Nadia Ghulam Dastgir was born in Kabul, Afghanistan in 1985. Her life, like that of many Afghan women, has been marked by the consequences of a brutal civil war, hunger, and the Taliban regime. These adversities could not stop her, and she managed to overcome them with her wit and courage. For 10 years, she disguised herself as a boy to be able to provide for her family.
Her sociable nature led her to collaborate with an NGO through which she arrived in Catalonia, her new home. Now, finally, she can do everything she always wished for: live in complete freedom, continue studying, and further her education to help her country and her family.
In 2016, she founded the association “Ponts per la Pau” (Bridges for Peace), which helps girls and boys in Kabul have a chance at life through education, despite the country’s situation.
Fully settled in Catalonia, Nadia wanted to share her story. She did so in collaboration with journalist Agnès Rotger in the novel “El Secret del meu turbant” (The Secret of My Turban, Edicions 62, 2010). The book was awarded the prestigious Prudenci Bertrana Prize in 2010 and received great acclaim from national and international literary critics after its translation into 16 languages.
The documentary play that bears her name, “Nadia,” performed by the protagonist herself under the careful direction of Carles Fernández Giua, reveals intimate and personal details of her difficult life in war-torn Kabul. This theatrical work has also been successful and continues to be performed both in and outside of our country.
The literary production related to Nadia’s story expanded with the publication, together with Joan Soler i Amigó, of the book “Contes que em van curar” (Tales That Healed Me, Columna, 2014), a beautiful collection of stories her mother told her in the hospital during her recovery from the wounds caused by the bomb that changed her life.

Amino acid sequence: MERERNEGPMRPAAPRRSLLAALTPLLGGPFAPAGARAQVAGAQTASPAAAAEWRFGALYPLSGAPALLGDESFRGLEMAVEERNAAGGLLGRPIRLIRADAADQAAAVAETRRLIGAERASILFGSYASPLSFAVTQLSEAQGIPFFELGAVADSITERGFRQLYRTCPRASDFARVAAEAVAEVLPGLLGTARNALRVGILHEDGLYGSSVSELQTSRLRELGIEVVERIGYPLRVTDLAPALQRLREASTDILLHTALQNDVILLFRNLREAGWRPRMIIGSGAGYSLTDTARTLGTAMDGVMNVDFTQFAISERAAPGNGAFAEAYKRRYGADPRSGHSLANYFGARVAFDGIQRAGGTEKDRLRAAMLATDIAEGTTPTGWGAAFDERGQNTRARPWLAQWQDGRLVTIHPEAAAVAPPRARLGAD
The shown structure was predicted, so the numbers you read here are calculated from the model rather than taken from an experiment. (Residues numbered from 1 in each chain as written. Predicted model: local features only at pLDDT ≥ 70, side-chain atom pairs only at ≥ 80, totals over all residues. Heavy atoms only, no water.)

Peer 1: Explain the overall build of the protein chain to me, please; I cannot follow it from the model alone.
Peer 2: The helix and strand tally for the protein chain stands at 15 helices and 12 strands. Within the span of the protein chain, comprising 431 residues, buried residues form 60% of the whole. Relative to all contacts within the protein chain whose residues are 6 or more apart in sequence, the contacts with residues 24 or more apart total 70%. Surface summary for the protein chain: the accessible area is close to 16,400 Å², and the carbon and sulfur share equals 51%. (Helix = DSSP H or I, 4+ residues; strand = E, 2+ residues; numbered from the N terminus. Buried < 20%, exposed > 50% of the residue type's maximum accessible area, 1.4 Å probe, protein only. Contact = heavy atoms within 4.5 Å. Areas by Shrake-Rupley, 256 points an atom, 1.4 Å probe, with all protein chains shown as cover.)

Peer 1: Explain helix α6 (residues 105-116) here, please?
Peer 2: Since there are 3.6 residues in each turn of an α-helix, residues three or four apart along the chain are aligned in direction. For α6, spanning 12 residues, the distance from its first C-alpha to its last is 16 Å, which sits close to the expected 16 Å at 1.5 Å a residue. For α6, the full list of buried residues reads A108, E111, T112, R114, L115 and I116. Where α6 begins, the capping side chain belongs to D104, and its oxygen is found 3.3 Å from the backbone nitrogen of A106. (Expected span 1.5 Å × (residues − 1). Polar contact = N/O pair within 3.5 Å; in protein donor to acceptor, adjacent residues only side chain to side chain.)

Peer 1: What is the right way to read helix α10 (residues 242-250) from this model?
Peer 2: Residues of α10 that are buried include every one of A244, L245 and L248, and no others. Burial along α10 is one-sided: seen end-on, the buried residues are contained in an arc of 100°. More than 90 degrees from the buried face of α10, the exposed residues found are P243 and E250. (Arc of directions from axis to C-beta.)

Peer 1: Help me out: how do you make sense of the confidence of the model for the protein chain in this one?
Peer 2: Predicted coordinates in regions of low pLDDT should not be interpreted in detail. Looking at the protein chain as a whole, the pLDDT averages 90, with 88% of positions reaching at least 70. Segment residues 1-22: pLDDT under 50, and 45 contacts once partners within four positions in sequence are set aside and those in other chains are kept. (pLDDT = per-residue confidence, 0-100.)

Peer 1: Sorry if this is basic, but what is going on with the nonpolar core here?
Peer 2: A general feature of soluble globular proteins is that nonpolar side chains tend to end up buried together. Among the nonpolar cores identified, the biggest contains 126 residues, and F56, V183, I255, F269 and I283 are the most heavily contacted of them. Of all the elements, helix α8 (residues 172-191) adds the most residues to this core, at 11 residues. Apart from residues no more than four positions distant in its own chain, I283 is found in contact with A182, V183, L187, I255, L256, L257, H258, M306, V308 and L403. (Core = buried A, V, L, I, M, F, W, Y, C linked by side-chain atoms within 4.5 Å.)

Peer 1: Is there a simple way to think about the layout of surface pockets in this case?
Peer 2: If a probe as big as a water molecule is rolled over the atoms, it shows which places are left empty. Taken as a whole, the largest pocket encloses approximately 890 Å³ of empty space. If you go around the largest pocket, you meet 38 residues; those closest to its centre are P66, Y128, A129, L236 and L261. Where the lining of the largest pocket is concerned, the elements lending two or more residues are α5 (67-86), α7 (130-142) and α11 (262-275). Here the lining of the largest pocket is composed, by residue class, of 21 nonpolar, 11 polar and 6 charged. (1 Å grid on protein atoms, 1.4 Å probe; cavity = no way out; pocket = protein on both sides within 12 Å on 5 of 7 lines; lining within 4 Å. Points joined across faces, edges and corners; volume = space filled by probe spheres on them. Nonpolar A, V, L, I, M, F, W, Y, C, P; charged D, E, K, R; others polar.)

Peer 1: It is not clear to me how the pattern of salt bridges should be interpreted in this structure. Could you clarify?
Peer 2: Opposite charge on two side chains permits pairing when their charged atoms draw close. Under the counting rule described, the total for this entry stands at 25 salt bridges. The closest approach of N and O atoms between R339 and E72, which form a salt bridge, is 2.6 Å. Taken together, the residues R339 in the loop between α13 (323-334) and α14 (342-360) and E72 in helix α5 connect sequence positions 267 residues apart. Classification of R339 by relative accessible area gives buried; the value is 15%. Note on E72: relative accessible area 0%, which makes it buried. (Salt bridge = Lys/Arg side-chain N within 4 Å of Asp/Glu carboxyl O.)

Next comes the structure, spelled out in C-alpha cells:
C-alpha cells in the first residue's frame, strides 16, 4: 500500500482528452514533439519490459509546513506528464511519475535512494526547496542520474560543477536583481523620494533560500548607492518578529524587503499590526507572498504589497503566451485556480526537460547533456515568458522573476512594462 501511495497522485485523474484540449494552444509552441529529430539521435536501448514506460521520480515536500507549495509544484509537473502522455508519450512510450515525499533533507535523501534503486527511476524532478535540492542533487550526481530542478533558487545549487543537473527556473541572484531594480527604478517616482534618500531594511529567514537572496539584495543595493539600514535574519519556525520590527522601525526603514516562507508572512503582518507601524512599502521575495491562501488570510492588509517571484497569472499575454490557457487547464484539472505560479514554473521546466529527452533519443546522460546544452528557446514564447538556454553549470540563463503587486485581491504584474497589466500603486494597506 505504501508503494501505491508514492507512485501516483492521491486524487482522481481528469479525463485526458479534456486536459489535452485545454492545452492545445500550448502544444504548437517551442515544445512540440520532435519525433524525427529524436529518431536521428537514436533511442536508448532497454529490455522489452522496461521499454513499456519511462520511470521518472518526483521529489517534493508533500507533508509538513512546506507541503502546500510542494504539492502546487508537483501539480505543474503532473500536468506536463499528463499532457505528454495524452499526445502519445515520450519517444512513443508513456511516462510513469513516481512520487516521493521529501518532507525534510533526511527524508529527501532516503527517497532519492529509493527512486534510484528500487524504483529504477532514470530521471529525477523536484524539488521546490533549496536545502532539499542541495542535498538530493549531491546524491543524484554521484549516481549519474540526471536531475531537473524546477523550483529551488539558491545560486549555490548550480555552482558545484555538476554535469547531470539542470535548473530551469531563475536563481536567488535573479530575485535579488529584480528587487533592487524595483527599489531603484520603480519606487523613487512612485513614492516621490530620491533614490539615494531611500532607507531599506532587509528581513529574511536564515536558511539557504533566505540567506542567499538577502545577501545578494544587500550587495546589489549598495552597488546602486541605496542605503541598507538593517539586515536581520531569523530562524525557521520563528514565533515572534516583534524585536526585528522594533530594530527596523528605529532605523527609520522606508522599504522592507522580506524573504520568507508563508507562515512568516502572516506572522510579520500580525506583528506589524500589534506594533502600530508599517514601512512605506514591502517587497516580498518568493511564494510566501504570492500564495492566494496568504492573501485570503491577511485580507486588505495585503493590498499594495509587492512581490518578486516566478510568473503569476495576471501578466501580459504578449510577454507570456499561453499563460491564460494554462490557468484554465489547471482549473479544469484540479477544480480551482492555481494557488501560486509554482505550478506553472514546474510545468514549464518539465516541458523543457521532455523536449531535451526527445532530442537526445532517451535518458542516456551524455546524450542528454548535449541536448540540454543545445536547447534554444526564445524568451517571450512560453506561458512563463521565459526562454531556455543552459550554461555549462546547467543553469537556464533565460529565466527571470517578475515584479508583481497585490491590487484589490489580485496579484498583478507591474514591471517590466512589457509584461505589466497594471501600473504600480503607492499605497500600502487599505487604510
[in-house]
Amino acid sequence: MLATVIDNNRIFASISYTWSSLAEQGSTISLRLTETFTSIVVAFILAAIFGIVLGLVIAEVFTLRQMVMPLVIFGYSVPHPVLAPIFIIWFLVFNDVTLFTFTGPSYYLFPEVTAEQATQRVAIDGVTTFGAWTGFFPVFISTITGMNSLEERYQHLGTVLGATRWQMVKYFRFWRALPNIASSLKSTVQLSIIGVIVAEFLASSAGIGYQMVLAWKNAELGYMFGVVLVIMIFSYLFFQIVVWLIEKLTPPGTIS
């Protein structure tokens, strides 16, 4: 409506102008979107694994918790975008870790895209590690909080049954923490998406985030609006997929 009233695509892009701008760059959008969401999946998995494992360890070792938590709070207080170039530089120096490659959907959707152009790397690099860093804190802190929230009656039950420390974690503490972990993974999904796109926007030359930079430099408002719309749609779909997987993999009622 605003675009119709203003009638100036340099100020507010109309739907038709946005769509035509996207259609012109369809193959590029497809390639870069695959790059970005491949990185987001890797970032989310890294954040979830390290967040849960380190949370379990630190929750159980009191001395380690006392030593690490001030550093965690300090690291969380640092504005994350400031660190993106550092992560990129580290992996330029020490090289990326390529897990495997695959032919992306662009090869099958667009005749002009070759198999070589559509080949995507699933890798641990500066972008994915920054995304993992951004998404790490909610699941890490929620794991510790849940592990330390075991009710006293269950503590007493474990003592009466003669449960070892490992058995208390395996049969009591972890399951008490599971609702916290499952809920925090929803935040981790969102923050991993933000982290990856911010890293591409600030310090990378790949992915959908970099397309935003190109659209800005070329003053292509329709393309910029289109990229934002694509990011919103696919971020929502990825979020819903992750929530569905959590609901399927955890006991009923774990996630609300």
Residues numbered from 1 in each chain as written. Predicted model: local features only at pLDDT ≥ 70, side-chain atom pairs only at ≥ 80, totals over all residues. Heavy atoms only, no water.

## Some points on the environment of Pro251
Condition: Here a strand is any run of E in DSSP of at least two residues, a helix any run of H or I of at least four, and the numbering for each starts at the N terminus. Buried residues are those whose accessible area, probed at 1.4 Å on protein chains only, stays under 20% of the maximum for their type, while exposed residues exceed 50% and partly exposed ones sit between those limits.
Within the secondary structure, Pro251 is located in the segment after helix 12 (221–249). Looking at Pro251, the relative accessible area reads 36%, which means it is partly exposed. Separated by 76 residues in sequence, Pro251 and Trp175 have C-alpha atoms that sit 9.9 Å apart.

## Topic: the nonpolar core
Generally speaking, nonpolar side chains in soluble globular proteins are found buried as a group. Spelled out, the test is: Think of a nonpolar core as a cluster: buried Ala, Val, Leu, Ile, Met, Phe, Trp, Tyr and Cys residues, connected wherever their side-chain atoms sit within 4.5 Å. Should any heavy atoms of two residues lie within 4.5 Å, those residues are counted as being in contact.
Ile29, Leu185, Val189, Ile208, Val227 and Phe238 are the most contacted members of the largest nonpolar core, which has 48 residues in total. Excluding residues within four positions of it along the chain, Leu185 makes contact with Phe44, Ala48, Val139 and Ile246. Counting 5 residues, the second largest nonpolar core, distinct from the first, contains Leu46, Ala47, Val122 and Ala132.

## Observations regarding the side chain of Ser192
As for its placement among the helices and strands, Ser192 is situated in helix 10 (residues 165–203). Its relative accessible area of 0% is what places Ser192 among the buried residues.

Subsequently, together with Javier Diéguez, she published her second novel, “La primera estrella de la nit” (The First Star of the Night, Plaza&Janés, 2016). It is a work based on Nadia’s first journey back to her homeland and focuses on the daily experiences of Afghan women fighters in a country that has been plagued by armed conflicts for over forty years.
Nadia’s solo debut as an author came with the story “El país dels ocells sense ales” (The Land of Birds Without Wings, La Galera, 2019) with illustrations by Mona Brunet. It is a delicate and poignant tale about war and its consequences.
Following the return of the Taliban regime to her country, Nadia has written “Somiant la Pau” (Dreaming of Peace, Rosa dels vents, 2022), a female perspective on the present and future of her country.
Currently, Nadia works as a Social Educator at Fundaesplai and gives lectures on various topics both locally and internationally. She is a peace activist and advocate for women’s rights.